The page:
The Department of Neurology at the Medical College of Georgia at Augusta University aims for the highest quality of clinical care, the best training
experience for our medical students, residents, and fellows, and the performance of
Our teaching mission includes medical students, residents, and fellows undergoing
advanced training. Research activities in the department include both basic science
and clinical and translational investigations. Additionally, our multidisciplinary
Neuroscience Center of Excellence facilitates active collaborations with subspecialists
from other departments including general neurosurgery, neuroradiology, neuro-otology,
neuro-ophthalmology, functional neurosurgery (deep brain stimulation and epilepsy
surgery), neuro-gastroenterology and basic science. Our facility houses a wide variety
of other specialties including a level I trauma center, and seven ICUs (neurology,
shock trauma, surgery, pediatric, neonatal, cardiology, and medical).
We have a strong foundation in general neurology and neurological subspecialties including:
Augusta University Health's centers,
Comprehensive Stroke Center: A pioneering 29 stoke/telestroke network and a JC certified Comprehensive Stroke Center (first in Georgia)
A National Parkinson’s Foundation Center of Excellence
A NAEC Level 4 Epilepsy Center
An ALS Association Certified Treatment Center of Excellence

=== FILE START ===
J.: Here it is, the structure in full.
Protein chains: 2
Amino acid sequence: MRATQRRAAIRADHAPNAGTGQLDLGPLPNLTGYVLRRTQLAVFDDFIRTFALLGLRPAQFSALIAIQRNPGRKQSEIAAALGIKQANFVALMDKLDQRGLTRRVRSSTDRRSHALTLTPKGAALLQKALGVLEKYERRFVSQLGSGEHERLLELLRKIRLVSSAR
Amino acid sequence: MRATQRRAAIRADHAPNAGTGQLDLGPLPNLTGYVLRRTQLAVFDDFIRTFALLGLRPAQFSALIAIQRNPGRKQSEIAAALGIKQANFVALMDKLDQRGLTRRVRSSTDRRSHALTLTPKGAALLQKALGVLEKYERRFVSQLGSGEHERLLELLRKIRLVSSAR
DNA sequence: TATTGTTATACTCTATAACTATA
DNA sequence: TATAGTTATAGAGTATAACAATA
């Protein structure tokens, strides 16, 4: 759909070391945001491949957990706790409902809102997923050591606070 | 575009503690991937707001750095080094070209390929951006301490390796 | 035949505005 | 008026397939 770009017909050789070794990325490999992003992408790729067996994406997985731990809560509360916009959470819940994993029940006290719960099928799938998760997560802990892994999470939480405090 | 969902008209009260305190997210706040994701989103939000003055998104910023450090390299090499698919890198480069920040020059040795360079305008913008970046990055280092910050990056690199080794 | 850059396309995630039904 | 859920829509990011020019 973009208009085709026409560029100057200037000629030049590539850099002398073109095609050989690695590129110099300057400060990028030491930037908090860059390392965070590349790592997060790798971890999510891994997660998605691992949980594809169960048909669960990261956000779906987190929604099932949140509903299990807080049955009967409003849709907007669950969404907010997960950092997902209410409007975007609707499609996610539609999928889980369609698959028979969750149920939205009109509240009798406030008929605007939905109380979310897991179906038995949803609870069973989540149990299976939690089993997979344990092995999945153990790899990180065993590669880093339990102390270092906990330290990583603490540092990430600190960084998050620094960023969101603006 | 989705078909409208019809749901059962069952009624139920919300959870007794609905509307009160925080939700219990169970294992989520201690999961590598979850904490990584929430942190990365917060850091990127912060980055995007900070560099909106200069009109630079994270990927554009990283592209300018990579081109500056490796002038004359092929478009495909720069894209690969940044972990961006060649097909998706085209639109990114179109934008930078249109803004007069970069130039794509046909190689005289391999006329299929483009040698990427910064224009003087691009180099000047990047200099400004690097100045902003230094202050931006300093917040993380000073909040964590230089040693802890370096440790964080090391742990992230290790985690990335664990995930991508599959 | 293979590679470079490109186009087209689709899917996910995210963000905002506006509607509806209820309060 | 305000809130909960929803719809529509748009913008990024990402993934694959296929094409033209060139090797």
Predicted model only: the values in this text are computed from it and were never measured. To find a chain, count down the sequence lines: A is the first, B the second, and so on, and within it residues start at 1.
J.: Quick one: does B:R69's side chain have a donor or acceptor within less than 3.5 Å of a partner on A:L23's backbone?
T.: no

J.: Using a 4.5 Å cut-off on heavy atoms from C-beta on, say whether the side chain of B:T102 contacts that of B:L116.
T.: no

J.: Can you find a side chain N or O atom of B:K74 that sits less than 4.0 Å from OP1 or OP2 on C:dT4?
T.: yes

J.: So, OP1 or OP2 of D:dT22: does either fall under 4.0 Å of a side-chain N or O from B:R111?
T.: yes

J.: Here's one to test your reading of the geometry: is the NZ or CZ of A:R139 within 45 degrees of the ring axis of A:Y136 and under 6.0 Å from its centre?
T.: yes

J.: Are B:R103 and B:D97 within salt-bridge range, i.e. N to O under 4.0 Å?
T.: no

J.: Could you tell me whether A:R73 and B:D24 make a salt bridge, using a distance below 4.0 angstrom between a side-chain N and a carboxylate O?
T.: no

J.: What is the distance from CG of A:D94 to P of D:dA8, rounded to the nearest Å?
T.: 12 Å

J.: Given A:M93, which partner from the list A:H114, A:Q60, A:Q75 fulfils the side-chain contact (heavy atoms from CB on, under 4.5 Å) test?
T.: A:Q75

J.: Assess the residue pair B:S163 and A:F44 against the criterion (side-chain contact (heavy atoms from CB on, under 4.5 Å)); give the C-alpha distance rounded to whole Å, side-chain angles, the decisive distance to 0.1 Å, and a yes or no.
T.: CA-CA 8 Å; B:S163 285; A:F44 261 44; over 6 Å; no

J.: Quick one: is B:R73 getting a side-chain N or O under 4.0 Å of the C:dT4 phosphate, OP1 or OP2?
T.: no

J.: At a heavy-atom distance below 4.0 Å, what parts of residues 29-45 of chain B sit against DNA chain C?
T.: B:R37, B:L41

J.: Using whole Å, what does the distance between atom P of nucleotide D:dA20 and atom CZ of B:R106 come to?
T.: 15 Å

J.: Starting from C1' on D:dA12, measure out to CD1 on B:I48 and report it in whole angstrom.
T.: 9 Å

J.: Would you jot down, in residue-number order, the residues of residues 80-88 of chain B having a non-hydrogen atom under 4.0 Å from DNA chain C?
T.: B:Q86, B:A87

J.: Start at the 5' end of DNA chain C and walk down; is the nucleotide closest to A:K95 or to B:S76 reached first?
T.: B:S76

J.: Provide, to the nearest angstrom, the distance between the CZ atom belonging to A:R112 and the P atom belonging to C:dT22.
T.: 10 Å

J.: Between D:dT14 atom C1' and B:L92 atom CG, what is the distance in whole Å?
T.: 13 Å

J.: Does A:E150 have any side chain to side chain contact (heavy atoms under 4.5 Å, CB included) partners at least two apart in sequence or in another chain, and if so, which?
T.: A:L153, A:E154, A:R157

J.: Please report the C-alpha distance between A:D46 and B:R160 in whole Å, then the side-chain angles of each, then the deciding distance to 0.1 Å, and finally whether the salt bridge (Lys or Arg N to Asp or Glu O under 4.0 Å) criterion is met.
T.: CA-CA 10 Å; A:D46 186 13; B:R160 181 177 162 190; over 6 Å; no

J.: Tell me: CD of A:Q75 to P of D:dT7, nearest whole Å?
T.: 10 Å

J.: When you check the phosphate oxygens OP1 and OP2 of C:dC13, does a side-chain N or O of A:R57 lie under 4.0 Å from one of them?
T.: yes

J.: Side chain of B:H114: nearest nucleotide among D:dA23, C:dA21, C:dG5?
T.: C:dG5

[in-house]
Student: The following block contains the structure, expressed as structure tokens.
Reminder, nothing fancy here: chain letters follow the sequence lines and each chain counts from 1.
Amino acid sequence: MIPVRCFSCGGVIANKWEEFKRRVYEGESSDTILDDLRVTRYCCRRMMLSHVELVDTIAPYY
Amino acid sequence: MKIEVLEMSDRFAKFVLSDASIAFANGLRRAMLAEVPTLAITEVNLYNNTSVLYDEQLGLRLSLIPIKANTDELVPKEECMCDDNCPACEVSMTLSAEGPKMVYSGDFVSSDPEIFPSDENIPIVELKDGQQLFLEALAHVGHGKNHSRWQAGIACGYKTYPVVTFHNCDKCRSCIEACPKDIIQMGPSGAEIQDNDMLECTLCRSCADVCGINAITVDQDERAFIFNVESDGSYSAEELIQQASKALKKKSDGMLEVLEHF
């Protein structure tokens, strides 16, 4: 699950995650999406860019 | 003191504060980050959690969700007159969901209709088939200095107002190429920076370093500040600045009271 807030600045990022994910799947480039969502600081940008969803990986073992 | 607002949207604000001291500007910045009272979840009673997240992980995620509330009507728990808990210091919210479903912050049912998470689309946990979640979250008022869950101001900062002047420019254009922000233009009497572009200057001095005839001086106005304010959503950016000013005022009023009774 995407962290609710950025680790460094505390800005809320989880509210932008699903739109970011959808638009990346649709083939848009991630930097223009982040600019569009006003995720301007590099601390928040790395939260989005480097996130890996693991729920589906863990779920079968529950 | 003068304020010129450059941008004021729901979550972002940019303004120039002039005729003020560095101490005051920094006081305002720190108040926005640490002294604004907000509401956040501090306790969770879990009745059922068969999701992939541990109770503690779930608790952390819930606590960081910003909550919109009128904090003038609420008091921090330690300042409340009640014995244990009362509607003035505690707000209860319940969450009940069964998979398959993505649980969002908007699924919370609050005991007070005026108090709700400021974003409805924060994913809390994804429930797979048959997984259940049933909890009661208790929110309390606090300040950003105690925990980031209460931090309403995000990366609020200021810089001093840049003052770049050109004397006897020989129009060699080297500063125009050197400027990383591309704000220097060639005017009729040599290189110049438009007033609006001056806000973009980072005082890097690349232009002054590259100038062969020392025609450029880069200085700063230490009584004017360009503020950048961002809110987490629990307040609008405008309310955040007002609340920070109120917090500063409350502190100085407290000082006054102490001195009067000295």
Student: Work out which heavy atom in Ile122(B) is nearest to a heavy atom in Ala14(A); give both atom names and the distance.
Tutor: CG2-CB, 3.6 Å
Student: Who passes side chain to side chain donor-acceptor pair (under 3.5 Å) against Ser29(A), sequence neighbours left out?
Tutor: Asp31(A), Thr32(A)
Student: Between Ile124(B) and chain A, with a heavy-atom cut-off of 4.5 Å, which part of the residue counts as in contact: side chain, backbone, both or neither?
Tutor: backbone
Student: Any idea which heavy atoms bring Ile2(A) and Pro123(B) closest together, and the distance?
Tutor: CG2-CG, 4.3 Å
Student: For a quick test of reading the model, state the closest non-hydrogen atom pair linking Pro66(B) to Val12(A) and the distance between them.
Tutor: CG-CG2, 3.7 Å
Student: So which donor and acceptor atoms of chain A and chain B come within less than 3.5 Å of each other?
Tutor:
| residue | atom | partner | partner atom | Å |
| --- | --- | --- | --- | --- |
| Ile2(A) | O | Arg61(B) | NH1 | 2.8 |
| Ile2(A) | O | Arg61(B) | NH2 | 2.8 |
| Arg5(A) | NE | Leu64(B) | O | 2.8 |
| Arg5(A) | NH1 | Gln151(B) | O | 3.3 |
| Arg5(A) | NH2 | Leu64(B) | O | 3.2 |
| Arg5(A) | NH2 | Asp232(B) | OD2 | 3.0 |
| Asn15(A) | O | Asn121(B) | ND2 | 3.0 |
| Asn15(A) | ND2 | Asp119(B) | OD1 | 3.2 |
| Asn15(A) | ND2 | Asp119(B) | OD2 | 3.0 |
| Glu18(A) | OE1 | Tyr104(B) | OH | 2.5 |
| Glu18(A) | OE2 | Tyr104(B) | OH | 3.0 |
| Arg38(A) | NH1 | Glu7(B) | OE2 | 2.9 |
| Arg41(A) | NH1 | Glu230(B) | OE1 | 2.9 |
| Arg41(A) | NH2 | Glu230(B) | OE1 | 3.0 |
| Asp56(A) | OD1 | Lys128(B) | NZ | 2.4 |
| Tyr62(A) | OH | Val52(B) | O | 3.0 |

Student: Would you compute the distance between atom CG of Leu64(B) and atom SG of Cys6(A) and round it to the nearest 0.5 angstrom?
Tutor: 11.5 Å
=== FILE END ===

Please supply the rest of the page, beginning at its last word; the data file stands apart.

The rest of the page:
Department of Neurology Research
Join in email discussions with neurologists from around the world.
The Neurology Network connects MCG Neurology Alumni together with their peers
Scientists want to know more about how an inexpensive, low-risk treatment may improve recovery from the most deadly type of stroke. Called remote ischemic conditioning, or RIC, it involves successive bouts of compressing then relaxing an arm or leg with a blood pressure-like cuff, most typically for four cycles of five minutes of inflation followed by five minutes of deflation and enables better use of a natural pathway for brain repair.
When the brain isn’t getting enough oxygen, estrogen produced by neurons in both males and females hyperactivates another brain cell type called astrocytes to step up their usual support and protect brain function.
A study of 181 patients at 16 sites across the country who test negative for two antibodies long known to cause muscle-weakening myasthenia gravis, found that about 15% test positive for one of two newly discovered antibodies that also attack the point of communication between nerves and muscle.
Cannabidiol, or CBD, may help reduce the cytokine storm and excessive lung inflammation that is killing many patients with COVID-19, researchers say.
MORE NEUROLOGY NEWS
MCG Neurology Residency Program at Augusta University - social media